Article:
Angelo Garro, an architectural blacksmith living in San Francisco, is legendary for his dinner parties--for which he makes everything from scratch, including the charcuterie and the wine. For fresh pasta, he often uses an extruder, but he made this fettuccine for us by hand. He added a bit of semolina to give it a sturdier texture and a heartier flavor--and seasoned it with his own addictive blend of sea salt, wild fennel, and organic spices, called Omnivore Salt (available on omnivoresalt.com). If you like, use it in place of the cayenne, salt, and black pepper.
You'll need a hand-crank pasta machine for this recipe. Scraps from trimming the dough can be pulsed in a food processor with 1 to 2 tbsp. water until moistened, and then re-rolled.
8 ounces all-purpose flour (about 1 3/4 cups), plus up to 1 1/2 cups more for dusting pasta
8 ounces semolina flour (about 1 1/3 cups)
1/2 teaspoon salt
Pinch of cayenne pepper
Pinch of black pepper
2 large eggs
How to Make It
In a large bowl, mix together flours, salt, cayenne, and black pepper.
Make a well in the center and crack in eggs. Mix them gently but thoroughly into flour by scooping up handfuls and rubbing between your palms. Sprinkle in about 1/3 cup water and work it into flour mixture, then press dough into a rough ball. If ball doesn't come together, add more water, 1 tbsp. at a time, until it does (it should feel a little dry).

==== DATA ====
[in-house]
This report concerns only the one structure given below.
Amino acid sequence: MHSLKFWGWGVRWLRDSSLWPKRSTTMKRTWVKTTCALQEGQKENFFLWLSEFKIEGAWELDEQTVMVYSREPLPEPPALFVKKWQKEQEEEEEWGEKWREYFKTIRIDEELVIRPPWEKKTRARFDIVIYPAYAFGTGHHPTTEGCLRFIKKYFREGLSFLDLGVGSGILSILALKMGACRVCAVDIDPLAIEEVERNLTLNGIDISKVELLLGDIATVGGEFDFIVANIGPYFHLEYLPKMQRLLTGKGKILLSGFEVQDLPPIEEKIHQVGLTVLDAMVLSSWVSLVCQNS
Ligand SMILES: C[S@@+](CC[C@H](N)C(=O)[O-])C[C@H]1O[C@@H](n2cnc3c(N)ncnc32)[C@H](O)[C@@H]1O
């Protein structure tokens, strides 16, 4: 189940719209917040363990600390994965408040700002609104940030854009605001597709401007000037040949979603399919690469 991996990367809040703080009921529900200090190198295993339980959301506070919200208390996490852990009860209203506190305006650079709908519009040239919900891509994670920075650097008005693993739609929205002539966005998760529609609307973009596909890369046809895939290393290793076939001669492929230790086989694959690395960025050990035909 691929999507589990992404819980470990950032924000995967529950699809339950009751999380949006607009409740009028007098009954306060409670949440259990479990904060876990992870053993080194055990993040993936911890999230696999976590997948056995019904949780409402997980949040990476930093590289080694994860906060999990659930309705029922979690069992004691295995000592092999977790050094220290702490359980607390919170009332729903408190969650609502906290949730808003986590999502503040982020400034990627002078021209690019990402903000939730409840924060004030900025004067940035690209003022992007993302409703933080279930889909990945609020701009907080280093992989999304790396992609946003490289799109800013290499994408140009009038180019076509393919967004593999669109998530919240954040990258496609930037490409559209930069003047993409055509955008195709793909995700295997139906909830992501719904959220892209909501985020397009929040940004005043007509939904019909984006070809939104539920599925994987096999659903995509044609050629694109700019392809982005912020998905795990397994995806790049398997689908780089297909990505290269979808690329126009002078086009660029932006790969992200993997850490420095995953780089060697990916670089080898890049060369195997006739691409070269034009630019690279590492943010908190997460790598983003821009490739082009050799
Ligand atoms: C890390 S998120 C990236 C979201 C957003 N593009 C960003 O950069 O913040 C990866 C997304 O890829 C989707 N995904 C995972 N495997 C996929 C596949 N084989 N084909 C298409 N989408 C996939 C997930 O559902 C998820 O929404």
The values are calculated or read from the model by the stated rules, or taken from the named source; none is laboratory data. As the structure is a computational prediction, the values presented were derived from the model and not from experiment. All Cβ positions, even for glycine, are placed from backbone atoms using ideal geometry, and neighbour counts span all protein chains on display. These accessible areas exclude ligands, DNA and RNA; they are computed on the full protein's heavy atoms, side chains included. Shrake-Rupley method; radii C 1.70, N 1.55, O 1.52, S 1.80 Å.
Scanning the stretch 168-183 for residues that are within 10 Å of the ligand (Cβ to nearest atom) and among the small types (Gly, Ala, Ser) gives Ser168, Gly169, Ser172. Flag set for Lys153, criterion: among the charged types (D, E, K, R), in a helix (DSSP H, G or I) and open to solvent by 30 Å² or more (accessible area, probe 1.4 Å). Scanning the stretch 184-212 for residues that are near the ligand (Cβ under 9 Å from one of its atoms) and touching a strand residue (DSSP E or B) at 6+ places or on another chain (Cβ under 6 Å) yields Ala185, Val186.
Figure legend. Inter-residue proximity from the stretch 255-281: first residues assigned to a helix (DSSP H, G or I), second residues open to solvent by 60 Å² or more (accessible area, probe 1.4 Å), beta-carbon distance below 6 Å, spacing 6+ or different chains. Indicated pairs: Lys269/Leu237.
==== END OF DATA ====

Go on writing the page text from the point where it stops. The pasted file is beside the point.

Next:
Turn dough out onto a work surface and knead it until fairly smooth and no longer sticky, about 2 minutes.
Set a pasta machine to the widest setting. Cut dough into thirds. Working with 1 dough piece at a time (keep others covered with a dampened kitchen towel), pat into a 1/2-in.-thick oval and feed through machine.
Fold dough into thirds crosswise and feed through again, starting with an unfolded edge. Fold and feed once more the same way. Sprinkle dough with flour if it feels sticky. Repeat folding and feeding, progressing through 2 or 3 successively narrower settings and rolling dough at least twice on each setting, until dough is as thin as you like (fettuccine is usually 1/16-inch thick). If dough sheet gets too long, cut it in half and roll each half separately.
Repeat with remaining 2 dough pieces, setting sheets to the side when done and covering with a kitchen towel (dampened if the weather is dry).
Cut each sheet to about 12 in. long and cover with the towel. Pass each dough sheet, dusted with flour if needed to keep from sticking, through the machine's fettuccine cutter. Lay fettuccine on a baking pan and dust with flour. If it's humid outside, let dry for about 1/2 hour to help keep it from sticking as it cooks.
To cook, bring a large pot of well-salted water to a boil. Add fettuccine and cook until barely tender, about 2 to 3 minutes.
Make ahead: Through step 7, up to 2 days, wrapped airtight and chilled; up to 2 months, frozen.
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